What fund managers will have to do differently under UCITS V

Thomas Murray Data Services' chief risk officer, Roger Fishwick particpated in a webinar with COO Connect around what fund managers will have to do differently under UCITS V. We are delighted to share with you the video of the session, as well as a synopisis of what was discussed.

- Alternative UCITS continues to grow. Hedge Fund Research data indicates the asset class has grown from €44 billion to €188 billion at present. While UCITS have historically been invested in vanilla instruments and strategies, there are some creative strategies being developed which are facilitating increased investor interest.

-There is strong interest in UCITS from Asia and Latin America in addition to Europe. However, there are various pan-Asian passport schemes being developed (ASEAN and APEC) that are generating interest in those regions and this could threaten the stranglehold UCITS has in Asia.

- The core benefit of UCITS is the pan-EU distribution passport which allows managers to distribute their funds across the EU. A core attraction of UCITS in the post-2008 environment is the transparency it affords underlying investors. AIFMD affords similar benefits such as its pan-EU distribution passport, and it is hoped there will be similar interest too.

-Another benefit of UCITS is that they are onshore (usually Ireland or Luxembourg) and this appeals to conservative institutional investors in the EU, many of whom are nervous or contractually prohibited from investing into offshore fund structures due to their perceived lack of regulatory oversight.

- There is a somewhat bizarre situation where investors into AIFMs under AIFMD have more protections than those investing into UCITS despite the former being overwhelmingly institutional and the latter geared towards retail. There is likely to be an alignment of these two regulations over time.

- One of the core differences between AIFMD and UCITS surrounds depositary liability. Both directives require the appointment of a depositary to provide safekeeping of assets, cash-flow monitoring and oversight and subjects them to strict liability for loss of assets at the sub-custodian. AIFMD depositaries, however, have negotiated contracts and indemnifications discharging liability to the sub-custodian under a handful of circumstances. Under UCITS V, this is not permitted.

- UCITS V also makes the depositary liable for assets lost at the central securities depository, something that AIFMD does not. As such, depositaries must be fully aware of the market events and issues in emerging, higher risk markets. They need to demonstrate to regulators they have been monitoring those markets.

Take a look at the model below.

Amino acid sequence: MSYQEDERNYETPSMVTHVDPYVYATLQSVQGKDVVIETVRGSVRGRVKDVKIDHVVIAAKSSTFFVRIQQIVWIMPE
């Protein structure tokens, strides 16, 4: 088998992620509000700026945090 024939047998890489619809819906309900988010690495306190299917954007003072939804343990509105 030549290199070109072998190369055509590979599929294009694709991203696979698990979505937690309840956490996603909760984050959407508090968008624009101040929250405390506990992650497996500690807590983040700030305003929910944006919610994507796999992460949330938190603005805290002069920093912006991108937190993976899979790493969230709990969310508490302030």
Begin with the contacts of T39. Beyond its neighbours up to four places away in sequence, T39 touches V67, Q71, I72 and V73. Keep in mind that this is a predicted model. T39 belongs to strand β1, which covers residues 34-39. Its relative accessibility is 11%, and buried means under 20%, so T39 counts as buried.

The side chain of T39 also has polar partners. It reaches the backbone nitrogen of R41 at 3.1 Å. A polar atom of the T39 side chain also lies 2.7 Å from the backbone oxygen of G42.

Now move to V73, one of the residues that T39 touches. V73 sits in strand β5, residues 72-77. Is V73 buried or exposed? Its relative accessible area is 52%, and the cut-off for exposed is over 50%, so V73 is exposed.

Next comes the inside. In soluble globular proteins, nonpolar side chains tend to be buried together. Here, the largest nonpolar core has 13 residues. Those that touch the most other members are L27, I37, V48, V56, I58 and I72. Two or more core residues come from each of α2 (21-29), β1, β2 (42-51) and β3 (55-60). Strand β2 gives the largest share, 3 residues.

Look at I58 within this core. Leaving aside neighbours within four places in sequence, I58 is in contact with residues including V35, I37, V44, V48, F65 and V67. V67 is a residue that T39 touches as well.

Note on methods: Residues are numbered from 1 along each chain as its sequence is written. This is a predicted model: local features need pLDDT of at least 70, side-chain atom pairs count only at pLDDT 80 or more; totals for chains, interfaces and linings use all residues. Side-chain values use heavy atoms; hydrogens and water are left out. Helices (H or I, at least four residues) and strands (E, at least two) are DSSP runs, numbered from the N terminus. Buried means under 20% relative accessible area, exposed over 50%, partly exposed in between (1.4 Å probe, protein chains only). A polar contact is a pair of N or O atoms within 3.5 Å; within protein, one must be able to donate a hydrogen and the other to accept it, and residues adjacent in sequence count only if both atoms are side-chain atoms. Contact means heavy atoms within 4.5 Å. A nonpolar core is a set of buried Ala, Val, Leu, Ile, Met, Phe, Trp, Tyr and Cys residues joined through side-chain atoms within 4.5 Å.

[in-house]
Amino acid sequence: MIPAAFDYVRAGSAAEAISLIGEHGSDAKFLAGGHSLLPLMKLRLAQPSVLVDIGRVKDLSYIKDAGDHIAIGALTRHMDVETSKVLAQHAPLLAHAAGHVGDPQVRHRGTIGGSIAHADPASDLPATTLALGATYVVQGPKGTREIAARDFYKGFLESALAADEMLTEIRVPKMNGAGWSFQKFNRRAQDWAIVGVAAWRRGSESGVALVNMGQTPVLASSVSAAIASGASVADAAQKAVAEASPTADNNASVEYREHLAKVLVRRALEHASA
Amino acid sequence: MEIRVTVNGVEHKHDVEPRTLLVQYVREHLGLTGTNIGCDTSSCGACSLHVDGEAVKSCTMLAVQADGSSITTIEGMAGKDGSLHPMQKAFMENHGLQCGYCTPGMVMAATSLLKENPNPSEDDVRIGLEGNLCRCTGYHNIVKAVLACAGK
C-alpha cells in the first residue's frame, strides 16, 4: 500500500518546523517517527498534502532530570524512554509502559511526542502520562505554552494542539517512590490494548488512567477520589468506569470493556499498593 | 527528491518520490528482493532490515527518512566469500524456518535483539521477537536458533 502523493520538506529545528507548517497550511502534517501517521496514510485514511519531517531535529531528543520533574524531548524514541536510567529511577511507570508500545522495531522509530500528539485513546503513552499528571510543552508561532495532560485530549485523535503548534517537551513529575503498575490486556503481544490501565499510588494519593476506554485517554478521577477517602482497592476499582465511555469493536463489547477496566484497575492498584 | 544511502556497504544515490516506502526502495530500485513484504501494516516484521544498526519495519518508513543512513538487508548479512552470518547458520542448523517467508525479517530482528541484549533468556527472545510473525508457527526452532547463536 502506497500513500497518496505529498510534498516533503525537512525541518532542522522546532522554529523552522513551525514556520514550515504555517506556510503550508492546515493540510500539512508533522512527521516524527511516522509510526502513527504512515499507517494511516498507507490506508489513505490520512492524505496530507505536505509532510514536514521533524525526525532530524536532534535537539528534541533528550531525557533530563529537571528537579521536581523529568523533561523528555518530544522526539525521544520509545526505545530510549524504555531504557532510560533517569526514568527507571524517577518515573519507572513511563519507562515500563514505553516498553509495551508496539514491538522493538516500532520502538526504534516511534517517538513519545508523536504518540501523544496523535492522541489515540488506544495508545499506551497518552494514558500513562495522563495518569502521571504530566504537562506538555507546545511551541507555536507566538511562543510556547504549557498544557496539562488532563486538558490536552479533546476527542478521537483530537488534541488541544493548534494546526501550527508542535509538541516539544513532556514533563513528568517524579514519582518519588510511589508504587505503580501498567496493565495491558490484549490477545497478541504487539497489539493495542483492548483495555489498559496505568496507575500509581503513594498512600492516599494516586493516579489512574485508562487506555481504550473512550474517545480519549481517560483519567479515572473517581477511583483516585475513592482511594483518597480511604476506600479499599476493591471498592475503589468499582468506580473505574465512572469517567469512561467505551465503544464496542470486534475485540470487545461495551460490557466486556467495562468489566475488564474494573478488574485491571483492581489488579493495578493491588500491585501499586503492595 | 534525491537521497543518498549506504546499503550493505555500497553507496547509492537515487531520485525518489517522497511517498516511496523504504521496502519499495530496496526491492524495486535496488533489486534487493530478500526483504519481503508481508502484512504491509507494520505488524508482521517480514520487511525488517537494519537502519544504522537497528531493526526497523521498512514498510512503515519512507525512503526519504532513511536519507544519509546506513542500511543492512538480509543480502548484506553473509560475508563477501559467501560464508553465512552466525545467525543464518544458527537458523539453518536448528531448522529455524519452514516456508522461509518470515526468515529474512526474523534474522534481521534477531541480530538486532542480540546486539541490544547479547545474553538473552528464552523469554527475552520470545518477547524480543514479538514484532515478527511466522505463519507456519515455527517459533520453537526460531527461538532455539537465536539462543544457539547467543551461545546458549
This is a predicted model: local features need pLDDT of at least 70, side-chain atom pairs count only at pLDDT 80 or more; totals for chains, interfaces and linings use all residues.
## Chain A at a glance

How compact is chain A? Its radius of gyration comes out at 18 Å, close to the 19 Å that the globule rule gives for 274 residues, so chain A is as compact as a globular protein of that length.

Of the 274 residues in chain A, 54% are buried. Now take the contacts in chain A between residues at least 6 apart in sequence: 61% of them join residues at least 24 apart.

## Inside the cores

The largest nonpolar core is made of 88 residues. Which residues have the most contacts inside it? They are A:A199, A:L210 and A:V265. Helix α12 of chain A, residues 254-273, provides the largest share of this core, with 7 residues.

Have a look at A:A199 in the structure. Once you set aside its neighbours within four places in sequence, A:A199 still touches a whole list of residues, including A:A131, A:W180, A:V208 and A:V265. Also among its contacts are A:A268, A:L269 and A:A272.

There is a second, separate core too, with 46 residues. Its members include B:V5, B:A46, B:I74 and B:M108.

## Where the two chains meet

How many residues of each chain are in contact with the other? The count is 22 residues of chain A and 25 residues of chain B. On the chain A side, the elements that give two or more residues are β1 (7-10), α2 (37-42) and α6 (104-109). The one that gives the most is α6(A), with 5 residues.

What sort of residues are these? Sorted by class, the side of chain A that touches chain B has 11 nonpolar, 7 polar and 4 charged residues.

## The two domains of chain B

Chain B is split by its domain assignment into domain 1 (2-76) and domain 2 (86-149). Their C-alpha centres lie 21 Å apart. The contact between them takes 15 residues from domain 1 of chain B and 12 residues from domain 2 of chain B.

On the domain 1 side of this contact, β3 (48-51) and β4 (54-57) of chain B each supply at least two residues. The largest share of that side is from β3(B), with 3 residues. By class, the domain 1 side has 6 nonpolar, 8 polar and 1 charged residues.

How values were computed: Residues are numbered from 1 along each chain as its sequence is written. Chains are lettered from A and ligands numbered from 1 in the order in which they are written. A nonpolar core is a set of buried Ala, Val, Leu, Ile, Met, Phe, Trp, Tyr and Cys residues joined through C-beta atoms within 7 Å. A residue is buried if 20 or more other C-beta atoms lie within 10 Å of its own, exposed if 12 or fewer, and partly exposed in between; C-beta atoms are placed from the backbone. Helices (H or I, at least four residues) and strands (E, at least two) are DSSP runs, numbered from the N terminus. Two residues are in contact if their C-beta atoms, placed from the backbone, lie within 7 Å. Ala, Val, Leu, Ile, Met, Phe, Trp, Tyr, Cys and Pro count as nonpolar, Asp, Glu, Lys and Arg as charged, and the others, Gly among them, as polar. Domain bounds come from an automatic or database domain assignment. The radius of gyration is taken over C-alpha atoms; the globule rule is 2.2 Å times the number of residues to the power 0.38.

- Depositary banks have been monitoring events in Greece and some have expertise in getting assets out of markets during times of panic or crisis. As such, depositaries feel they are well prepared to face market crises.

- Bank-owned asset managers could be forced to undertake a review demonstrating the depositary at the parent company is the best depositary for the role. However, it must demonstrate there is a functionally and hierarchically separate management structure and no conflict of interests.

- In terms of remuneration, UCITS V rules are similar to AIFMD insofar as managers have to defer around 40 per-cent of their remuneration and pay it out in approved financial instruments.

- UCITS VI – whenever it comes into fruition – is likely to clamp down on the asset eligibility criteria of UCITS amid concerns managers are shoehorning exotic strategies into the asset class. However, ESMA did try to clamp down on UCITS Commodity Trading Advisors only to find these managers started using exchange traded notes to circumvent the rules. The simplification of asset eligibility in UCITS is part of the regulator’s efforts to make AIFMD an institutional product and UCITS strictly retail.

- UCITS V outlines sanctions for non-compliance including the ability to temporarily ban or permanently ban bad actors. It also introduces a mechanism to publicly name individuals accused of wrongdoing and impose fines of up to €5 million and/or 10 per-cent of annual turnover. It has created a whistle blowing functionality too. Typical sanctions will be levelled at misbehaviour such as style drift, for example.